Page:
2PM – 5PM – live dancers, musicians, poets, self-defense demonstrations, interact with the New Mexico Women and Girls Network organizations.
JustLOVE (Warehouse 21, Flying Cow Gallery)
2PM-5PM – Transformative afternoon of release, guided meditations, healing circles and treatments. Come be heard, supported, and held in a sacred and community-based environment where you can process and release your stories through the guidance and expertise of extraordinary practitioners.
JustART (Warehouse 21, Flying Cow Gallery)
ALL DAY THROUGH FEBRUARY 21 – Artists from Santa Fe will exhibit pieces reflecting women’s issues, feminist art, and youth art around violence against women. Make your own Farolito Art releasing your story or your demand for personal justice. Farolitos will be lit in ceremony at 5:30pm.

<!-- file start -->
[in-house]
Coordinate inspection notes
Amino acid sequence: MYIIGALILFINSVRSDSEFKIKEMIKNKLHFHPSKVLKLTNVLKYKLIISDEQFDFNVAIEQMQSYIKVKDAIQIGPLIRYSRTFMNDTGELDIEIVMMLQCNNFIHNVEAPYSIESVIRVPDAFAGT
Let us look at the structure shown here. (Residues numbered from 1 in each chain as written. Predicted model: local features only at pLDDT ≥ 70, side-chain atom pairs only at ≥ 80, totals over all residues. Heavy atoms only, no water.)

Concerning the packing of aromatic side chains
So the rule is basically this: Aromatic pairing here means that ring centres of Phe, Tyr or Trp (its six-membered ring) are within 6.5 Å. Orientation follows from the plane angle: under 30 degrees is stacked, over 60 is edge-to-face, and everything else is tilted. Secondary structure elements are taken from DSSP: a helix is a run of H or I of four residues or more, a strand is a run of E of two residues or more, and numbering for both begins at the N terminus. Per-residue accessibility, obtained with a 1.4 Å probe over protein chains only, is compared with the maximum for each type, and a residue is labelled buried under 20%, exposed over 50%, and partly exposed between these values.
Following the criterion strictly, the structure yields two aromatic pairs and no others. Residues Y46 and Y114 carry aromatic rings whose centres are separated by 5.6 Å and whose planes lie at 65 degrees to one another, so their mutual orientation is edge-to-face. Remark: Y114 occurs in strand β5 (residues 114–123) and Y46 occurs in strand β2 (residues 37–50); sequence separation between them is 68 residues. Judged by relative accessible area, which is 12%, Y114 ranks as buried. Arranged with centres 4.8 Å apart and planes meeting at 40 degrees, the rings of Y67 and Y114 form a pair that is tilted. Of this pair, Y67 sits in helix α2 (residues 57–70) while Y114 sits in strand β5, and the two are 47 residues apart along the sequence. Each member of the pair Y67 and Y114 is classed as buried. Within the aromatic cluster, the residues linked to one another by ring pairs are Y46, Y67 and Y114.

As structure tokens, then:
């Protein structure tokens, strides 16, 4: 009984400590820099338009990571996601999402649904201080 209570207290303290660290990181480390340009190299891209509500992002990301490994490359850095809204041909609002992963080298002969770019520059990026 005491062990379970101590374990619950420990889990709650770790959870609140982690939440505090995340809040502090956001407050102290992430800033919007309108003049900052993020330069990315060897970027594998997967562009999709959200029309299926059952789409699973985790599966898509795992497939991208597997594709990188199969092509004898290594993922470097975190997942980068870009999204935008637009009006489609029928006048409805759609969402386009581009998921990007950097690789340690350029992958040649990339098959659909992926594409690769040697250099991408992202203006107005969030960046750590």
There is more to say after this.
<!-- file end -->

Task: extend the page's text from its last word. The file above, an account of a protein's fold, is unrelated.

Galleries on Canyon Road are joining the Rising- Ventana Fine Art and The William & Joseph Gallery will host openings in honor of One Billion Rising For Justice.
Thank you all for your support and participation. Together, we will END VIOLENCE AGAINST WOMEN AND GIRLS IN NEW MEXICO!
Like the movement on Facebook: http://facebook.com/onebillionrisingsantafe
Follow on Twitter: @OBRsantafe
Follow on Instagram: @OBRSF
Click here to read the full article “Black History Month Under Way in New Mexico and Nation” by Troy Wilde, Public News Service-NM
February means it’s the heart of winter in New Mexico, and it’s also a time for celebrating the culture and history of African-Americans. Cathryn McGill, founder of the New Mexico Black History Organizing Committee, says her organization is holding several events in the Albuquerque area as part of Black History Month. The first event is the Arts and Culture Weekend, which runs Wednesday through Sunday and includes performances of the musical “The Wiz” at the African-American Performing Arts Center.